- The power of the first laser was measured in Gillettes. In 1960, before there was a precise scientific measurement, Theodore Maiman defined the strength of a beam by the number of Gillette razor blades it could cut through. A Gillette equals about 1.5 joules; today’s strongest laser produces about 1.8 million joules, or 1.2 million Gillettes.
- NASA will use them for hi-def broadcasts. We currently send messages through space with radio waves, which is like using dialup—it takes 90 minutes to beam a stinkin’ photo down from Mars. NASA plans to have a laser-based system ready for testing by 2016. If it works, astronauts won’t need to worry about missing an episode of Community while on the Red Planet.
- Generally, you shouldn’t look to sci-fi for a vision of future technology. But a lot of the laser tech in Star Wars is actually feasible: Scientists seem to be making progress toward real, functioning tractor beams, laser weapons, and 3-D holograms. All well and good, but where’s my damn lightsaber?
Source: Transportation Security Administration
Image by Wiki
Dec. 7, 1941: Attack at Pearl Harbor a Bold, Desperate Gamble
This December 1941 file photo shows heavy damage to ships stationed at Pearl Harbor after the Japanese attack on the Hawaiian island on Dec. 7, 1941. Associated Press/US Navy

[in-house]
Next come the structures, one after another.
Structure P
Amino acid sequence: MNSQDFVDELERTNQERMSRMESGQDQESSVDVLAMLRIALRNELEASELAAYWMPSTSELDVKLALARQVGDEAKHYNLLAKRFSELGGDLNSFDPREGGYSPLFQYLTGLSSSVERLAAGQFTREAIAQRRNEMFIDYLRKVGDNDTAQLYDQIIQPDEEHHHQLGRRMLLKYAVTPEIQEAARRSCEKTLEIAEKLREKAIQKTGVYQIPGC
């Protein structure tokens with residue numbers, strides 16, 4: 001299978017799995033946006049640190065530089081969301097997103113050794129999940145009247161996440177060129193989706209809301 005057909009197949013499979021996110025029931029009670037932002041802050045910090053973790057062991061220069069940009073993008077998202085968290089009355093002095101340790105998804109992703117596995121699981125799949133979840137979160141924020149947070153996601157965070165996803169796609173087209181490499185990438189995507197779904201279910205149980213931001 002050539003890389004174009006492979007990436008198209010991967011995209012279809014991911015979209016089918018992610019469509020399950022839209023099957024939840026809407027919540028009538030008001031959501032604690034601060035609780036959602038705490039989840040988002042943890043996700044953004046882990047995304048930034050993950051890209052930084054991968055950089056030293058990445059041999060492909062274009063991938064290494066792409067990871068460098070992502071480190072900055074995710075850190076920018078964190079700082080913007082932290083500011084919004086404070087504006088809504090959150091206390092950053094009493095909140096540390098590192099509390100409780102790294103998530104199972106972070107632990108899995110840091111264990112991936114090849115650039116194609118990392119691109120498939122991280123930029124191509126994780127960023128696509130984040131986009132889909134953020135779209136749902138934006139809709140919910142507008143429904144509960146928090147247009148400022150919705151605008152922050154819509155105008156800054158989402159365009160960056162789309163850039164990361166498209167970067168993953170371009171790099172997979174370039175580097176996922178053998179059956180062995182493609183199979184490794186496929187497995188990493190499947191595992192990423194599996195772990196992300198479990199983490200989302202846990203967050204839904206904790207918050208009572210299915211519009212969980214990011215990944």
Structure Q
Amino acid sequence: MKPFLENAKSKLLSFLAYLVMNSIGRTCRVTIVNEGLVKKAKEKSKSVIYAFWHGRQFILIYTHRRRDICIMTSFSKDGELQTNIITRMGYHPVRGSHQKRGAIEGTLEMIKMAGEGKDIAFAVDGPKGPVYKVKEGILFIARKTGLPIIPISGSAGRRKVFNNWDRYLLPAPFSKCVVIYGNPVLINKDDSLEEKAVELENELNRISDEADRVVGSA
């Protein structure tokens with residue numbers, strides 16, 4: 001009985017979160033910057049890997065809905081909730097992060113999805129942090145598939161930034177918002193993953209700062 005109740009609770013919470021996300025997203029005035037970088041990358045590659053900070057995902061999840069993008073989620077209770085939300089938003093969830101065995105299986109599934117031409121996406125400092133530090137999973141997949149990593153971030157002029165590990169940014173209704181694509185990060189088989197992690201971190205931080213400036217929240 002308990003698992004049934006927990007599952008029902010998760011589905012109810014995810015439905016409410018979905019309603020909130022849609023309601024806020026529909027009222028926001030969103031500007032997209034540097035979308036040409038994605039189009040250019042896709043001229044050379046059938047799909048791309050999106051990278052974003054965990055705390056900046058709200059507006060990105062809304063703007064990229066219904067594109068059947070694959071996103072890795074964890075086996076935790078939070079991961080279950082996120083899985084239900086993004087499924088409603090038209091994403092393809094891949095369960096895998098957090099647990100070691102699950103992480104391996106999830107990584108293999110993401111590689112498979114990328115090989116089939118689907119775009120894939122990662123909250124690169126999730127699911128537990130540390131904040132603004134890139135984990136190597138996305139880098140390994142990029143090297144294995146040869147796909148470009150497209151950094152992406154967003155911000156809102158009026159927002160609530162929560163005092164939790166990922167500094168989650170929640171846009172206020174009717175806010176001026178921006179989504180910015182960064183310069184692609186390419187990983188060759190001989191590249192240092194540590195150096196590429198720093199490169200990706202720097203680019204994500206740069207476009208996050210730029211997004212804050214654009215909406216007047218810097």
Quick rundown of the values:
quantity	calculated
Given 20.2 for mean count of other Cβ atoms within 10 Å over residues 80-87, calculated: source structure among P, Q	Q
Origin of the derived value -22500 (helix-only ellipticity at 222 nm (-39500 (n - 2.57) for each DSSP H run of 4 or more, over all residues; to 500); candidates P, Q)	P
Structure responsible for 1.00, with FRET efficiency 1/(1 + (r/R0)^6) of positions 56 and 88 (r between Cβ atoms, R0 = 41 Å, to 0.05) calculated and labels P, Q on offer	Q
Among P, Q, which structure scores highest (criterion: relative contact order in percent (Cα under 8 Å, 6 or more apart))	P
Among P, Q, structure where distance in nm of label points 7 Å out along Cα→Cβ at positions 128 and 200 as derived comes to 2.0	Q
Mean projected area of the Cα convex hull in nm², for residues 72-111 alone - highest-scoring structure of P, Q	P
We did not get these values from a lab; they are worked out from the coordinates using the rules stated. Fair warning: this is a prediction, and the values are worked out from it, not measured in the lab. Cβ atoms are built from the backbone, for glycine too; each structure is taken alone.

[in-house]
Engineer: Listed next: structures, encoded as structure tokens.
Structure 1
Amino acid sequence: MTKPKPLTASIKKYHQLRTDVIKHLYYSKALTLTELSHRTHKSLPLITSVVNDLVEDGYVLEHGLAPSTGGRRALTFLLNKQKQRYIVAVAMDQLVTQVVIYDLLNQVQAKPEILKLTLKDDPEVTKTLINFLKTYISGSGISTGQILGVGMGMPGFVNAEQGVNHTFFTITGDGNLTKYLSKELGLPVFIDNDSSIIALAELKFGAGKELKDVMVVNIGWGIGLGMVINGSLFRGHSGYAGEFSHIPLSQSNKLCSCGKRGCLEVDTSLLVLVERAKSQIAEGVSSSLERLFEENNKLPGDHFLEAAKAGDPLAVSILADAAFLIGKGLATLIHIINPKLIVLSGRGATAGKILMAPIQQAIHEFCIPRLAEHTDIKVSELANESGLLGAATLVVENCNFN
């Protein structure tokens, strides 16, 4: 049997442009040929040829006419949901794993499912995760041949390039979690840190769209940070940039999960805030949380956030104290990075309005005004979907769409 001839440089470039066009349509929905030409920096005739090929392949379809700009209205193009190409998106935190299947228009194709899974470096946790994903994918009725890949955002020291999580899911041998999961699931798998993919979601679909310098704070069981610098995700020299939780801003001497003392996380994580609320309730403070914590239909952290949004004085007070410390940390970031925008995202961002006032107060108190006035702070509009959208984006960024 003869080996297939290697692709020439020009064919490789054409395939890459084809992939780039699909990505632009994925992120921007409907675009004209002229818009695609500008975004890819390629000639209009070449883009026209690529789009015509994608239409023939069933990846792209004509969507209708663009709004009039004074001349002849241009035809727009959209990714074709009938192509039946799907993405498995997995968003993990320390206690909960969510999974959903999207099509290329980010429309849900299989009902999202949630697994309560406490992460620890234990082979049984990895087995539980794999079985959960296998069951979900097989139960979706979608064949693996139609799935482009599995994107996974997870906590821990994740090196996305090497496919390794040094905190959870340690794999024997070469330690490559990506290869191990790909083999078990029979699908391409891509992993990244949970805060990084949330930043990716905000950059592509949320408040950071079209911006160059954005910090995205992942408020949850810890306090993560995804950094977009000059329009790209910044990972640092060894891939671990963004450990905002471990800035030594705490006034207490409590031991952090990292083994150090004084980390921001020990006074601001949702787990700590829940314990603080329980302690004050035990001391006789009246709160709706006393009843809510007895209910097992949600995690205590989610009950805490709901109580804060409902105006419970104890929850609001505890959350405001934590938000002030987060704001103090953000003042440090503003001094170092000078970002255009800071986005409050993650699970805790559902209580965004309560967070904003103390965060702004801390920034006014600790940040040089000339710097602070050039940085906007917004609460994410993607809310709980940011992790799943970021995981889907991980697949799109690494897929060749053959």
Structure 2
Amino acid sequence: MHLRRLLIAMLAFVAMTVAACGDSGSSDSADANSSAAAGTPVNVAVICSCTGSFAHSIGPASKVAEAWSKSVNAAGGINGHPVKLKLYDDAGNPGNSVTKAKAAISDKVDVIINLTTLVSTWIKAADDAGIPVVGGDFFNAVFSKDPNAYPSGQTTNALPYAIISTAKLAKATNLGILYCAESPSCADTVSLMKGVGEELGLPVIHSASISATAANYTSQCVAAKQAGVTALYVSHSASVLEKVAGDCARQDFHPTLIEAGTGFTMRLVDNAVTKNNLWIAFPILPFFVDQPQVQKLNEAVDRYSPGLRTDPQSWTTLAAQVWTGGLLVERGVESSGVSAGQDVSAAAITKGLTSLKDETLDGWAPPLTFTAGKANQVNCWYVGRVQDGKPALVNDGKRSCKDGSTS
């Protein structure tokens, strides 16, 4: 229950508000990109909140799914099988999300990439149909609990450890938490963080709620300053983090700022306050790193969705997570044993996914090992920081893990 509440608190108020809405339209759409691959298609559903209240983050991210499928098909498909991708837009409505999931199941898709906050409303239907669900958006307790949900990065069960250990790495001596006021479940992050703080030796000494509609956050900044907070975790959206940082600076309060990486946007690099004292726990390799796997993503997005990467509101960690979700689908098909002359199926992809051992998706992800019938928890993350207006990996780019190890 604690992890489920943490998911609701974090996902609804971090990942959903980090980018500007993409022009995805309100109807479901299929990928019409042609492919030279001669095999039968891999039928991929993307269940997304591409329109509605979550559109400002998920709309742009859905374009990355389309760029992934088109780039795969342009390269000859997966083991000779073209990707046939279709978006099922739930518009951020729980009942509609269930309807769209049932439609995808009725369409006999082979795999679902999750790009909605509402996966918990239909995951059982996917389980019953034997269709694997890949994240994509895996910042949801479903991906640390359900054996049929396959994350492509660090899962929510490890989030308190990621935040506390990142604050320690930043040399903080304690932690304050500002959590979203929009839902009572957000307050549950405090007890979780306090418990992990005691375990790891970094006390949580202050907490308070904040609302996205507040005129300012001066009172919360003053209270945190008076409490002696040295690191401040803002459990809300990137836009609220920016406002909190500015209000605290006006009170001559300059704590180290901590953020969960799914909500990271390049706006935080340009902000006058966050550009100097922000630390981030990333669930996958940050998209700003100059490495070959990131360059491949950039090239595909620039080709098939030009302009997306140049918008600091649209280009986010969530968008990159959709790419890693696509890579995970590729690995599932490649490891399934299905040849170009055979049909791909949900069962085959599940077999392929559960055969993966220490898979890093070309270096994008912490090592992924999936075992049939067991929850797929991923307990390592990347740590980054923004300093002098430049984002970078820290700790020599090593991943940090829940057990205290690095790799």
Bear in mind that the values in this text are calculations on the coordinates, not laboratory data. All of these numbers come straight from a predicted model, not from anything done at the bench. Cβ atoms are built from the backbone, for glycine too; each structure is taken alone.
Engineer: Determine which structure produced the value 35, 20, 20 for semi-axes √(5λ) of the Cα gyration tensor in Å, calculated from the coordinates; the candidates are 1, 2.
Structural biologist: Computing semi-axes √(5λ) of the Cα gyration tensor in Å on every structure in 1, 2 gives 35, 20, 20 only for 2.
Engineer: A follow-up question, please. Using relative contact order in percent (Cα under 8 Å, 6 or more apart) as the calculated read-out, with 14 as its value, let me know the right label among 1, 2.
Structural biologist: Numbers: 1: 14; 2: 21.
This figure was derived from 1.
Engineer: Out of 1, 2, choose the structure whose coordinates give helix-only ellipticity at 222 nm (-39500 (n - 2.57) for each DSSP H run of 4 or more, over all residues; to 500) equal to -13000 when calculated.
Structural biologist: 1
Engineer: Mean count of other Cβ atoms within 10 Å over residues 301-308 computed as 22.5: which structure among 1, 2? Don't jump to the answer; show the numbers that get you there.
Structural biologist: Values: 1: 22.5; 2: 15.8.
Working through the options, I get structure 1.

70 Years of Telescopes Tuned to Cosmic Radio
Published last October, This Images illustrates the progression of radio telescopes from Jansky’s primitive ’scope to the huge arrays of antennas now installed in the world’s deserts and perhaps, one day, on the moon
Radio astronomy began with static. Bell Laboratories wanted to get rid of it and went looking for its causes. With a hand-built radio telescope, Karl Jansky discovered a clear signal of something else amidst the noise from thunderstorms near and far: a steady static that appeared to emanate from the center of the Milky Way.
The field of studying radio waves arriving at Earth from outer space was born. Jansky didn’t know what could be causing the radio waves, and Bell Labs pulled him off the project soon after his big discovery. Still, he’s considered the father of radio astronomy.